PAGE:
The FCA’s new Sustainability Disclosure Requirements will boost transparency and accountability in the impact investing market, argues Kieron Boyle, chief executive officer of the Impact Investing Institute.
The end of November marked a ground-breaking milestone for the sustainability and impact investing market in the UK. The Financial Conduct Authority (FCA) published their long-awaited Sustainability Disclosure Requirements (SDR), which include the UK’s first regulated impact investing label, and restrictions on the use of sustainability-related terms in product naming and marketing.
This is an exciting, industry-defining moment and it comes at a crucial point. The sustainable finance and impact investing markets have experienced exponential, rapid growth and – in some areas – dilution, compromise, and controversy. Tackling ‘impact washing’ and empowering consumers to make informed choices are vital to support the growth of the impact investing market and protect its integrity. The implications of this new regime are significant.
The Impact Investing Institute had the privilege of contributing directly to the FCA’s work on SDR as members of their Disclosures and Labels Advisory Group (DLAG) and we are delighted to see our recommendations reflected in the policy statement detailing the plans for the new regulation.
We, and many in our network – spanning the world’s largest capital market actors, social investors, and policymakers – advocated for a regime and investment labels that strike a balance between codifying existing best practice, raising the bar for sustainable investing across the financial sector, and leaving space for continued innovation.
We believe that the Sustainability Impact label, one of the four sustainability finance labels in the FCA’s new rule book, is shaped to take advantage of this moment.
Firstly, there are a few considerations when it comes to defining impact investments. When people wonder if their investments are having a positive impact, they will typically look at what the underlying enterprises or assets are doing – what positive change for people and the planet are they creating? This is different from what is often bundled together under the ESG umbrella, where an investment decision includes an assessment of the financial risk posed by certain environmental, social, or governance matters. The FCA has captured this distinction, which is crucial for consumer understanding and transparency.
Given this is a consumer-facing label, the impact of the underlying enterprise is a key distinguishing feature – as the matter of the investor’s impact is somewhat academic. There is a view within the world of impact investing that an investor achieves impact through providing new (‘additional’) capital to an enterprise. This effectively means that investors can only have impact in the private market, which is subset of the global investment market that is relatively inaccessible to retail investors.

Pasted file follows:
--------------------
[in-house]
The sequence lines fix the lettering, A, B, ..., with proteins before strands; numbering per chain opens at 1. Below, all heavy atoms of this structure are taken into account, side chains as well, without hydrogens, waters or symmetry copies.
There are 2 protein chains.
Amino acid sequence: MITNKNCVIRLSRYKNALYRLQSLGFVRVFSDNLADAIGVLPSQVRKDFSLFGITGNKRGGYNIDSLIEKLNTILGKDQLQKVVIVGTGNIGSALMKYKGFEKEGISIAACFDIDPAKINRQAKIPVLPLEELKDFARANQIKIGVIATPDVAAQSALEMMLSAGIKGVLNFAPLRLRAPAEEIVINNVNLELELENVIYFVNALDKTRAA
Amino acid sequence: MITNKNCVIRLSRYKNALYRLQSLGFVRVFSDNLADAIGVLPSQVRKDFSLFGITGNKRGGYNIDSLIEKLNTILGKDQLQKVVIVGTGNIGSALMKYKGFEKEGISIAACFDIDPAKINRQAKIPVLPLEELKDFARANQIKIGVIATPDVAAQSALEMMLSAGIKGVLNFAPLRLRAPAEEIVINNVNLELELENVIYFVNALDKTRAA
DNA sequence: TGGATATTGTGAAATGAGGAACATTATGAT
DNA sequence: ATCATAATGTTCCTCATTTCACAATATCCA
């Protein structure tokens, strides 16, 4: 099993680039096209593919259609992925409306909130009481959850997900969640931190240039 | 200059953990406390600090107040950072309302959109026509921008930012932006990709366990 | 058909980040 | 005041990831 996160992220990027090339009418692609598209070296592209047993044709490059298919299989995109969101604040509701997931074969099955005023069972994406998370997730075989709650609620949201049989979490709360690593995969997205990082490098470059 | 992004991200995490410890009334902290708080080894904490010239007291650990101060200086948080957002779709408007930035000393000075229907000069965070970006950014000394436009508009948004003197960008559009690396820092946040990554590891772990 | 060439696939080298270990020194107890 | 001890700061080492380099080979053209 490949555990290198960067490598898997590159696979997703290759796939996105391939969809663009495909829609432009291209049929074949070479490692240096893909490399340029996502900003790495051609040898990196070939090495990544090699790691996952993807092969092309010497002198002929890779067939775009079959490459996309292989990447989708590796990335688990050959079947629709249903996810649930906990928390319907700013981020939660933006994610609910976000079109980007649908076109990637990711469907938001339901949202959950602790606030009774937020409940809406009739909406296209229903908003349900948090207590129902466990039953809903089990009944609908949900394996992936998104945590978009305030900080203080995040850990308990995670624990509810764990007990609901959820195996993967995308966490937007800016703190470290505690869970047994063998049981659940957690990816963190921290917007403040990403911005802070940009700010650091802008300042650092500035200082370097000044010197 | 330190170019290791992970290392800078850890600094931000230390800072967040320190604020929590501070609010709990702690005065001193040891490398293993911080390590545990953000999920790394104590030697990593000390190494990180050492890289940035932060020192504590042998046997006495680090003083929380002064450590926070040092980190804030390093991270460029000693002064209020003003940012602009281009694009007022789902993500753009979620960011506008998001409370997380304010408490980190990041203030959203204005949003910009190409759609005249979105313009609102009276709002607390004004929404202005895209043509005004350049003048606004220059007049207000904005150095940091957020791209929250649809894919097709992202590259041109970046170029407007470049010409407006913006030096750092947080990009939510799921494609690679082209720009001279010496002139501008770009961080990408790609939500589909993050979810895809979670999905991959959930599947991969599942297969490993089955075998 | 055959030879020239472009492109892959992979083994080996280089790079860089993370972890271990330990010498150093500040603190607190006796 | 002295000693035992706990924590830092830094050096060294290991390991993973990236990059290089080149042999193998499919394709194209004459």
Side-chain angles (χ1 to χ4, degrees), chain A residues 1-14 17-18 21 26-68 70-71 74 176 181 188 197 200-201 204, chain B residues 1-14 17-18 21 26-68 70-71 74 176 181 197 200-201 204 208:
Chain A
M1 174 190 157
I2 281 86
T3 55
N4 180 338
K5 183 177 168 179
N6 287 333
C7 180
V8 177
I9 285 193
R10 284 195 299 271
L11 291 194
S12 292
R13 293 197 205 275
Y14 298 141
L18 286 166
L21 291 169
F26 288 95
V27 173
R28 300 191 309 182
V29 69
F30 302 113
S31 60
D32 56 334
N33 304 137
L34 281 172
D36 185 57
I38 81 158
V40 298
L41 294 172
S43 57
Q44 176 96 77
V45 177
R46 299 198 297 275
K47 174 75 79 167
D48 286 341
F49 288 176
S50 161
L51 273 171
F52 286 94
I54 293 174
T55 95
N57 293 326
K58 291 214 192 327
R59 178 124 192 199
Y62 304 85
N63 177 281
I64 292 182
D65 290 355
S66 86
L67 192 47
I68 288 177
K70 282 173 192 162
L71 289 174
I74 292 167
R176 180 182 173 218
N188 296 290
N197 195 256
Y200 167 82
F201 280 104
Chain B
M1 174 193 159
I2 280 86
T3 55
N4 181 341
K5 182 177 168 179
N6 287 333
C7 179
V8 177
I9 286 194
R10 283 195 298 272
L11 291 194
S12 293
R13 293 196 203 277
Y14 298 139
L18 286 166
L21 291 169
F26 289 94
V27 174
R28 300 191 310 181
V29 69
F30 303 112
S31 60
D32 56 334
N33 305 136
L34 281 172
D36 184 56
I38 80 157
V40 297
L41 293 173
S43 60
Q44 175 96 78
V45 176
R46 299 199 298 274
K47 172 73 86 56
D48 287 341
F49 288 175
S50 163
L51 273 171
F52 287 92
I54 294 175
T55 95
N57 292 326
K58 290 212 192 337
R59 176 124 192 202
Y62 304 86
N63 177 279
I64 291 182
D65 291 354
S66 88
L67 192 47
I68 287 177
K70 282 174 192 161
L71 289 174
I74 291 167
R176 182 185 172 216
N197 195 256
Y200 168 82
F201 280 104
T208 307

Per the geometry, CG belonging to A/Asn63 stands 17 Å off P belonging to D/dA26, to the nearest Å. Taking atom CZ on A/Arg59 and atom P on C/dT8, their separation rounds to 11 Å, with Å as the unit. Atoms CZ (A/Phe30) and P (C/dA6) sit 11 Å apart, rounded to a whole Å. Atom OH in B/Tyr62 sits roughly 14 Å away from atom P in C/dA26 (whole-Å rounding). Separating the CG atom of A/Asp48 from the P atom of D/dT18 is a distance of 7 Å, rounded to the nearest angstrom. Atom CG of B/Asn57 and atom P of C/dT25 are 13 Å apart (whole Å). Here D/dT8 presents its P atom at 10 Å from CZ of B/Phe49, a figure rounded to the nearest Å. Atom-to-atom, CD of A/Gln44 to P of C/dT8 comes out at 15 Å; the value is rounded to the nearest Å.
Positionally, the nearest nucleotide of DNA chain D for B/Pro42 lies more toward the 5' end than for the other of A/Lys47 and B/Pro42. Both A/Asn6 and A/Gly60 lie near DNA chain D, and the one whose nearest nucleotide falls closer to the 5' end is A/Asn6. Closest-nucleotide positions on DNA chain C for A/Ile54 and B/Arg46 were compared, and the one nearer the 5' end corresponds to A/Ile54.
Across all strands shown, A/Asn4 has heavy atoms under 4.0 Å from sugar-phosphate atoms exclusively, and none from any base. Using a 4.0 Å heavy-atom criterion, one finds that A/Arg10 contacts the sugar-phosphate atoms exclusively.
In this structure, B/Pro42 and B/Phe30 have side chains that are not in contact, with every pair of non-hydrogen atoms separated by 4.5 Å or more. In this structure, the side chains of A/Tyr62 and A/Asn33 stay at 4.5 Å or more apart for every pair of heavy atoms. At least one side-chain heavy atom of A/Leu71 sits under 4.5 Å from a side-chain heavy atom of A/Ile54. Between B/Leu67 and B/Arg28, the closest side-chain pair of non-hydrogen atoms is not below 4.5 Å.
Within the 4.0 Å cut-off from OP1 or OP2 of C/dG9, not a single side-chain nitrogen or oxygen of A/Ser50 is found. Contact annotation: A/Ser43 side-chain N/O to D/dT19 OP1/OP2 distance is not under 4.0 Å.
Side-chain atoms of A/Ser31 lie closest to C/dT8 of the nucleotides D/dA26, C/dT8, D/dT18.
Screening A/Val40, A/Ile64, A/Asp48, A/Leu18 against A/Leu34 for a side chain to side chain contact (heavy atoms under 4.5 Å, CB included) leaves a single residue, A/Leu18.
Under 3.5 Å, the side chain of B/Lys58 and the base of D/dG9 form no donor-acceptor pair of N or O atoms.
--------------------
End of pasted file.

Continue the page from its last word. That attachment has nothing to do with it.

In order to scale the amount of investment in enterprises that benefit people and the planet and build on current good practice in the market, there are huge opportunities in looking at impact in a more holistic way. We are therefore relieved that the FCA’s regime recognises investors’ non-financial impact, such as stewardship and other engagement activities, allowing for private and public markets to be captured within the impact label.
Theory of change
Of course, the reality of applying and regulating this approach comes with many challenges. We are glad to see that the FCA’s final rules require impact products to be anchored in a theory of change. This is a well-established mechanism for articulating a problem affecting people or the planet, the solutions to that problem, and – critically – how an investment product or fund contributes towards those solutions.
Done well, a theory of change is a robust framework that governs the impact investment process – from setting an impact strategy, to selecting impact investments and determining the investor’s contribution, to identifying the metrics for measuring and managing whether investments are having the intended impact. It also determines the steps an investor will take when the intended impact is not achieved. In time, we would like to see the FCA require external, independent impact measurement verification, which many investors are already using. We welcome the renewed efforts to encourage higher standards and greater consistency across third-party data providers.
Considering these issues of definitions and governance, in our opinion the FCA has developed pioneering regulation which has the potential to deliver a step change in the transparency and accountability of the impact investing market. For the regulation to flourish, it needs to sit within a wider policy and regulatory environment that enables and prioritises investing with the intention to create positive outcomes for people and the planet – which we believe is the future of all investments.